Another problem with endodontic manufacturing processes is they fail to reduce or sometimes cause stress fractures or weaknesses in the metal of the file. Even minor imperfections in the metal of an endodontic file can be problematic. Endodontic files are very thin, thus small imperfections can cause the file to break during use. A broken file in a root canal is very difficult to remove and can cause damage to the root canal.

Therefore, what is needed is a manufacturing process that can reduce the cost of manufacturing endodontic files while maintaining or improving the strength of the endodontic file.

BRIEF SUMMARY OF THE INVENTION

The present invention provides improved methods for manufacturing endodontic instruments such as endodontic files. The methods of the present invention use one or more types of cold forming techniques to form a cutting edge or a partially formed cutting edge in a piece of deformable material.

In an exemplary embodiment, the invention involves the steps of (a) providing a blank comprising a deformable material; (b) providing at least one die comprising a negative impression that corresponds to at least a partially formed cutting edge of an endodontic instrument; and (c) cold forming the blank using the at least one die and sufficient force to form at least a partially formed cutting edge in the blank.

Cold forming can be performed using any suitable technique. Examples of suitable techniques include cold rolling, flat rolling, radial forming, and cold drawing.

The cold forming die can be used to form any number of cutting edges and to form a cutting edge with any desired shape. In one embodiment, cold forming the blank with one or more dies produces a blank having a polygonal cross section. The apexes of the polygonal cross section yield at least partially formed cutting edges.

The shape of the negative impression can determine how sharp the cutting edge is following the cold forming process. In one embodiment, the cutting edge is formed to shape during cold forming such that the cutting edge is ready for use without further processing. In an alternative embodiment, the cutting edge is partially formed and further processing is needed before the final cutting edge is formed. For example, the cutting edge may need to be sharpened using a process such as chemical milling. Whether sharpening is required can depend on the precision of the cold forming process, the size of the cutting edge on the instrument and the sharpness required for a particular use of the instrument.

Additional manufacturing steps that can be included in various embodiments of the present invention include cutting, grinding, machining, chemical milling, electrochemical milling, laser micromachining, grit blasting and combinations of these. These additional processing techniques can be used in various embodiments of the invention to further sharpen the partially formed cutting edge, dull the tip of the endodontic instrument, and/or provide a taper along the endodontic instrument.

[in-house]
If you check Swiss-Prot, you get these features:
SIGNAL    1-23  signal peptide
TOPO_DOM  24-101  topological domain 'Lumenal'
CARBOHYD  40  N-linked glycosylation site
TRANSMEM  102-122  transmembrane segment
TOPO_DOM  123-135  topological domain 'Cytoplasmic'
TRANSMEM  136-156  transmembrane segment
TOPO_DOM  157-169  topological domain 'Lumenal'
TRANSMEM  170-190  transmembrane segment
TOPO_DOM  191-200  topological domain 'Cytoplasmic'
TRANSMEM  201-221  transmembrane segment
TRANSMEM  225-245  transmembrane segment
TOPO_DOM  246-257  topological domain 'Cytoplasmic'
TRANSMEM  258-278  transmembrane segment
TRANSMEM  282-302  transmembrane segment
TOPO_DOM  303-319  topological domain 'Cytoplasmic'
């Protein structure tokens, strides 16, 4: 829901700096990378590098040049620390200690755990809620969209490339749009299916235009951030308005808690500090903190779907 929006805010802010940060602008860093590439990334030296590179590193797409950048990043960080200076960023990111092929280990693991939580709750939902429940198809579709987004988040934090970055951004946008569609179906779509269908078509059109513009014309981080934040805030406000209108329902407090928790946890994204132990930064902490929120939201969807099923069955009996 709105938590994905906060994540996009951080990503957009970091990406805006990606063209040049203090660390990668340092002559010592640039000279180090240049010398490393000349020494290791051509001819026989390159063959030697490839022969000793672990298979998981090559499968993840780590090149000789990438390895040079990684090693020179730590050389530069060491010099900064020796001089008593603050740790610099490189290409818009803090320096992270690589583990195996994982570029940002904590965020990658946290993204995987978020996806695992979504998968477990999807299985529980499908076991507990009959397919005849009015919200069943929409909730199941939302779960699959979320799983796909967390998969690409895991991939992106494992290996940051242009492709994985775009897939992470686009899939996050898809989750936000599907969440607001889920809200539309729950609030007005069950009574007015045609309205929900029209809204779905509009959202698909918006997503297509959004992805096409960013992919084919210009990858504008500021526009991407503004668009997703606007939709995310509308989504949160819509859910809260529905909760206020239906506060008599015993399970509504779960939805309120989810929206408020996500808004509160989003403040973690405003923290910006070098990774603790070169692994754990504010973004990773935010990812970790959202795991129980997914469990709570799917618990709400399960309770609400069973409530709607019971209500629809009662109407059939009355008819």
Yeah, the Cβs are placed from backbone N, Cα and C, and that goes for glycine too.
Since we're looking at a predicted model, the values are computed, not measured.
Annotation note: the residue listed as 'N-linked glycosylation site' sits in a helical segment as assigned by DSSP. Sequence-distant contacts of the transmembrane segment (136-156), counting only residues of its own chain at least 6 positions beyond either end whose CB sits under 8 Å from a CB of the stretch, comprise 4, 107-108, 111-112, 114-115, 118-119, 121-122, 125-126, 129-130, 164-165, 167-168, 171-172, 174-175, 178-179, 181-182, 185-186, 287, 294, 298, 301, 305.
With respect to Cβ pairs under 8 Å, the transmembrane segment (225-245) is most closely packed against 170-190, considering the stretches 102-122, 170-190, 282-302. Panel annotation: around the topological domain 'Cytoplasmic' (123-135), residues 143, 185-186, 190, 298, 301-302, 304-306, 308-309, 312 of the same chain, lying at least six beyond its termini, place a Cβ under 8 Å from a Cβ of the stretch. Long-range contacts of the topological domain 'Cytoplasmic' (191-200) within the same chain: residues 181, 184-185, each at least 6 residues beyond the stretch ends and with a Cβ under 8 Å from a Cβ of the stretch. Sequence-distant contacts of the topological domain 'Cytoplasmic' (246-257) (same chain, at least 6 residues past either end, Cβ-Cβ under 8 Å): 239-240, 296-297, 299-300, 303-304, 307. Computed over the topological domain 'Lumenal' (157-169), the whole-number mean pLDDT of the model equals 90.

The present invention provides many advantages for manufacturing endodontic instruments over the methods of the prior art. Because the cutting edge is at least partially formed by the cold-forming process, the cutting edge is very inexpensive to form. The cold forming process of the present invention can form the cutting edge in seconds. Many existing systems require minutes to form the cutting edge. Furthermore, the machinery used to perform cold forming is relatively inexpensive as compared to the cost of machinery for existing methods of manufacturing endodontic instruments.

Another significant advantage of using a cold forming step in the manufacture of endodontic instruments is the improvement in the properties of the material. The methods of the present invention are able to produce an endodontic instrument that is superior to existing endodontic instruments because the cold forming step hardens the material and/or removes imperfections such as micro cracks and fissures. The improved endodontic instruments of the present invention are less likely to fatigue and break off inside a root canal because of these improved material properties. Because working within the root canal of a person can be very difficult, avoiding broken endodontic instruments by using endodontic instruments manufactured according to the disclosed methods can be very beneficial for dental practitioners and their clients.

These and other benefits, advantages and features of the present invention will become more fully apparent from the following description and appended claims.

BRIEF DESCRIPTION OF THE DRAWINGS